Imagine a young couple intoxicated with each other in the early stages of love. Imagine a religious neophyte in love with God, praying ecstatically. Imagine an idealistic young person working tirelessly with the poor, inflamed with a thirst for justice. Are this young couple really in love with each other? Is that religious neophyte really in love with God? Is this young social activist really in love with the poor? Not an easy question.
Whom are we really loving when we have feelings of love? The other? Ourselves? The archetype and energy the other is carrying? Our own fantasy of that person? The feelings this experience is triggering inside us? When we are in love, are we really in love with another person or are we mostly basking in a wonderful feeling that could be just as easily triggered by countless other persons?
There are different answers to that question. St. John of the Cross would say it is all of these things; we are in fact really loving that other person, loving a fantasy we have created of that person, and basking in the good feeling this has generated inside us. That is why, invariably, at a given point in a relationship the powerful feelings of being in love give way to disillusionment — disillusionment (by definition) implies the dispelling of an illusion, something was unreal.
So for St. John, when we are in love, partly the love is real and partly it is an illusion. Moreover, St. John would say the same thing about our initial feelings of fervor in prayer and in altruistic service. They are a mixture of both, authentic love and an illusion.
Some other analyses are less generous. In their view, all initial falling in love, whether it be with another person, with God in prayer, or with the poor in service, is mainly an illusion. Ultimately, you are in love with being in love, in love with what prayer is doing for you, or in love with how working for justice is making you feel.
The other person, God, and the poor are secondary. That is why, so often, when first fervor dies, so too does our love for its original object. When the fantasy dies, so too does the sense of being in love. We fall in love without really knowing the other person and we fall out of love without really knowing the other person.
The very phrase “falling in love” is revealing. “Falling” is not something we choose, it happens to us. Marriage Encounter spirituality has a clever slogan around this: Marriage is a decision; falling in love is not.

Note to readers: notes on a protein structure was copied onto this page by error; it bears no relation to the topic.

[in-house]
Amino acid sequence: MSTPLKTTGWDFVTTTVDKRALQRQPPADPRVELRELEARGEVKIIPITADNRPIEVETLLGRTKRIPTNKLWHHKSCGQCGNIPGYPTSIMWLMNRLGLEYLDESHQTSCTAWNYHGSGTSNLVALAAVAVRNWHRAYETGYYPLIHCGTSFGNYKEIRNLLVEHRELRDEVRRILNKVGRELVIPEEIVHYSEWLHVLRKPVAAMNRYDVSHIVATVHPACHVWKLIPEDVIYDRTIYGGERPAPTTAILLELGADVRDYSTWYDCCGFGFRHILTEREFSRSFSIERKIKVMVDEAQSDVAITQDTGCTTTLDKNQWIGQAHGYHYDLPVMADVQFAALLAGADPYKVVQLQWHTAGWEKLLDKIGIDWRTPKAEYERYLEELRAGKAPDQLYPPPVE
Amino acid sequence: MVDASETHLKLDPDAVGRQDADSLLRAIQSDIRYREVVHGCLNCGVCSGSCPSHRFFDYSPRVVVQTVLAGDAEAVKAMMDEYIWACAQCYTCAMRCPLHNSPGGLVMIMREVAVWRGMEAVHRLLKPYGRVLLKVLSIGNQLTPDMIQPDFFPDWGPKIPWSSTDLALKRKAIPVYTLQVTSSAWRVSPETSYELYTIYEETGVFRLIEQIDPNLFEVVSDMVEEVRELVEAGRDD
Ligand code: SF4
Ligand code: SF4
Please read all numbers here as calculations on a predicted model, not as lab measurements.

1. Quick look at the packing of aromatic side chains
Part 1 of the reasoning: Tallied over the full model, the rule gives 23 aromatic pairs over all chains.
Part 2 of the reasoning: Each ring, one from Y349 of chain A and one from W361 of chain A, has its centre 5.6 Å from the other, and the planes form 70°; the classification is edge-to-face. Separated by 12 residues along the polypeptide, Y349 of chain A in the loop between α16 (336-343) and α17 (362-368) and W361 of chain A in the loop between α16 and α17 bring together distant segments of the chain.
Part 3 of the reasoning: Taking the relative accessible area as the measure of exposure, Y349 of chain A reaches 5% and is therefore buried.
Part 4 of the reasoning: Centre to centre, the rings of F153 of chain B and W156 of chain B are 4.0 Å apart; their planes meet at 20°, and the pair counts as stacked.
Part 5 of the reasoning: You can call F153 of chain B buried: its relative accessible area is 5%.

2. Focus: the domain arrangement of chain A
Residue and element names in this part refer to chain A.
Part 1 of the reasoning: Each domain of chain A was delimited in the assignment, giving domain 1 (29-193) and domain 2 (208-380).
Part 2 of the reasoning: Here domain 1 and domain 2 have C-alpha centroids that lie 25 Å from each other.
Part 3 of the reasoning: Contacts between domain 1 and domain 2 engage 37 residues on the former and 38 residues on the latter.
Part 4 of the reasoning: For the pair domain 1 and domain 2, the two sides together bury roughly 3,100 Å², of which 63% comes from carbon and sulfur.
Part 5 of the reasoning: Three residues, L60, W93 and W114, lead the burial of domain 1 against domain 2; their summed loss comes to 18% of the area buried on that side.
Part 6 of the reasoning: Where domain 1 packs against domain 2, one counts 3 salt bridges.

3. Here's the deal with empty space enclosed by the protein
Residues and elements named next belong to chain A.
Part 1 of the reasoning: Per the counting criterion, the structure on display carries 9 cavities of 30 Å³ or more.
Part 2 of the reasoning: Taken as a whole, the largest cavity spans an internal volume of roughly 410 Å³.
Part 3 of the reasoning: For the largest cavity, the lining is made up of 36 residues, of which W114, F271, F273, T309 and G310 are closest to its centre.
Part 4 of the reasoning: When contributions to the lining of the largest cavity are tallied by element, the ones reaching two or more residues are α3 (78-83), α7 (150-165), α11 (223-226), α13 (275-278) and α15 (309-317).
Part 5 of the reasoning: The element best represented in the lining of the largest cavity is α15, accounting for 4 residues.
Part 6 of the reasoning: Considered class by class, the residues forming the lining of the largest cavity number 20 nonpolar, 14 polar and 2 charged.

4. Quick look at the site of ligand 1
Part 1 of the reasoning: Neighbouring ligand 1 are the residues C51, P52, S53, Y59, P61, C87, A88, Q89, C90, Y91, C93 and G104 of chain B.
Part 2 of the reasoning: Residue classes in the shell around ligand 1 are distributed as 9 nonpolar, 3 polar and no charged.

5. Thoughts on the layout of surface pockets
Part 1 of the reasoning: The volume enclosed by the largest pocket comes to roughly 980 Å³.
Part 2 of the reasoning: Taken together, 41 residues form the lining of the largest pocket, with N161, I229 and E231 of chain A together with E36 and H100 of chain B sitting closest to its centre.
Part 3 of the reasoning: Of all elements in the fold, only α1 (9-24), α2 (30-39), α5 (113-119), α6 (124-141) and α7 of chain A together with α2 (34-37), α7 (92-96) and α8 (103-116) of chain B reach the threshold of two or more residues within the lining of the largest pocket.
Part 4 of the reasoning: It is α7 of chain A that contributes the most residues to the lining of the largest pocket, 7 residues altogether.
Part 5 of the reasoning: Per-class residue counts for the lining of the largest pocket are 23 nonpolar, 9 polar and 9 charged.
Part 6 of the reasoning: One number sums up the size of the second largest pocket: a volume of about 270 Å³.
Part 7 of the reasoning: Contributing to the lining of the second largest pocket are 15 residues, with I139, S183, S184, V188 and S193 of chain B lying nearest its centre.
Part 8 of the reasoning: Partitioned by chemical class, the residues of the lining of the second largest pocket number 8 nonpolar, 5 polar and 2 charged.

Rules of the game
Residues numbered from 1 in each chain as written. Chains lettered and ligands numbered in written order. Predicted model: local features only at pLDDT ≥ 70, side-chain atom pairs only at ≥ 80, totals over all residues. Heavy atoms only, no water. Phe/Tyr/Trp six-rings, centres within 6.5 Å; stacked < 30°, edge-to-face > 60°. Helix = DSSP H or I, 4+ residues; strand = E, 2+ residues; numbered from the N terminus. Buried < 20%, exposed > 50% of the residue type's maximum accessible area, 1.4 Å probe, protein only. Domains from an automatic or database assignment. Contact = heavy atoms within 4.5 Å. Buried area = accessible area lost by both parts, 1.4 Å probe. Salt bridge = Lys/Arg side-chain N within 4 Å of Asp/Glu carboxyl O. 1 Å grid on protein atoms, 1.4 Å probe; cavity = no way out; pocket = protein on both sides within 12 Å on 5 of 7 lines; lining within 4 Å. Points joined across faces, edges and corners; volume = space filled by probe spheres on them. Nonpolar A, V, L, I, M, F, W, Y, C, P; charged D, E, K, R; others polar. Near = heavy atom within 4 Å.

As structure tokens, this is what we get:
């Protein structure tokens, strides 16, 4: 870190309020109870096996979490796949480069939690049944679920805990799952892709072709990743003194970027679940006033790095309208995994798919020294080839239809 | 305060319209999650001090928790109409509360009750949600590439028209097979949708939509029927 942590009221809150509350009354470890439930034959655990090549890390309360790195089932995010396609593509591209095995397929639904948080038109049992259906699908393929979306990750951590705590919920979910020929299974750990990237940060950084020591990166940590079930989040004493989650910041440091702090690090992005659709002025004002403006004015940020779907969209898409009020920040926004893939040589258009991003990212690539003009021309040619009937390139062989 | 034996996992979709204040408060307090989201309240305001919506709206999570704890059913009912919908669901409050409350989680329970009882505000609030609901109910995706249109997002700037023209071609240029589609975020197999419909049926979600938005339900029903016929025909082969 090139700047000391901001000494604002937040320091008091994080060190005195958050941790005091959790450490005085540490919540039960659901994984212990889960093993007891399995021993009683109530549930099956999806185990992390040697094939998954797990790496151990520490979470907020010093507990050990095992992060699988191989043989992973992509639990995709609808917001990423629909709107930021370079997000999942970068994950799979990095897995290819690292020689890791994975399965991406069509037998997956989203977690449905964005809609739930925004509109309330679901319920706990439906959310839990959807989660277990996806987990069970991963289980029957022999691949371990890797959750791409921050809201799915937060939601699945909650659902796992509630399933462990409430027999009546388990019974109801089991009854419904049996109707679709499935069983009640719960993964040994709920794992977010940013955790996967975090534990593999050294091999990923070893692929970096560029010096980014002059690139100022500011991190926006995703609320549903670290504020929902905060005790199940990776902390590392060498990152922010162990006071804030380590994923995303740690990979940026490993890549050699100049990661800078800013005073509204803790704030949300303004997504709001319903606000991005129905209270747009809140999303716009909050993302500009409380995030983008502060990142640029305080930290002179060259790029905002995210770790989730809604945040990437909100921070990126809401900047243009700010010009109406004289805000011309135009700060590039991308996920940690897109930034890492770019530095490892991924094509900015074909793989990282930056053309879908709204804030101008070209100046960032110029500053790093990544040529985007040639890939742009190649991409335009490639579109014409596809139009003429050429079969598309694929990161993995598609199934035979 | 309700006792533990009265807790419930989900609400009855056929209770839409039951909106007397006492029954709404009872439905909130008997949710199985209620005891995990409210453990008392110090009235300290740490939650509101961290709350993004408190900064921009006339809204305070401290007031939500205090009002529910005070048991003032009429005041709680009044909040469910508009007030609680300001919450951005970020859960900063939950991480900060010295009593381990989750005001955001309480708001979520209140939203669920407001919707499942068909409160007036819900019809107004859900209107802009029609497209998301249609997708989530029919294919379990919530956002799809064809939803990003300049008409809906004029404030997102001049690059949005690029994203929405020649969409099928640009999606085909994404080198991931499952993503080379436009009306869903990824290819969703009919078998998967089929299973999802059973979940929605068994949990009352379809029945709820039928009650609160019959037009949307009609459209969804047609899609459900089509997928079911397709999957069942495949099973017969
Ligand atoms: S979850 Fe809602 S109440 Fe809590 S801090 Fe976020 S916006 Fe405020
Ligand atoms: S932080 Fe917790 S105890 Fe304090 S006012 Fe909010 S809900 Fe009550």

Who is right? When we fall in love, how much is genuine love for another and how much is an illusion within which we are mostly loving ourselves? American author Steven Levine answers this from a very different perspective and throws new light on the question. What is his perspective?
Love, he says, is not a “dualistic emotion.” For him, whenever we are feeling authentic love we are, at that moment, feeling our oneness with God and with all that is. He writes, “The experience of love arises when we surrender our separateness into the universal. It is a feeling of unity. … It is not an emotion, it is a state of being. … It is not so much that ‘two are as one’ so much as it is the ‘one manifested as two.’ ”
In other words, when we love someone, in that moment, we are one with him or her, not separate, so that even though our fantasies and feelings may be partially wrapped up in self-serving affectivity, something deeper and more real than our feelings and fantasies is occurring. We are one with the other in our being — and, in love, we sense it.
In this view, authentic love is not so much something we feel; it is something we are. At its root, love is not an affective emotion or a moral virtue (though these are part of it). It is a metaphysical condition, not something that comes and goes like an emotional state, or something that we can choose or refuse morally.
A metaphysical condition is a given, something we stand within, that makes up part of what we are, constitutively, though we can be blissfully unaware. Thus, love, not least falling in love, can help make us more conscious of our nonseparateness, our oneness in being with others.
When we feel love deeply or passionately, then perhaps (like Thomas Merton describing a mystical vision he had on a street corner) we can awake more from our dream of separateness and our illusion of difference and see the secret beauty and depth of other people’s hearts. Perhaps, too, it will enable us to see others at that place in them where neither sin nor desire nor self-knowledge can reach, the core of their reality, the person that each one is in God’s eyes.
And wouldn’t it be wonderful, Merton adds, “if we could see each other that way all the time.”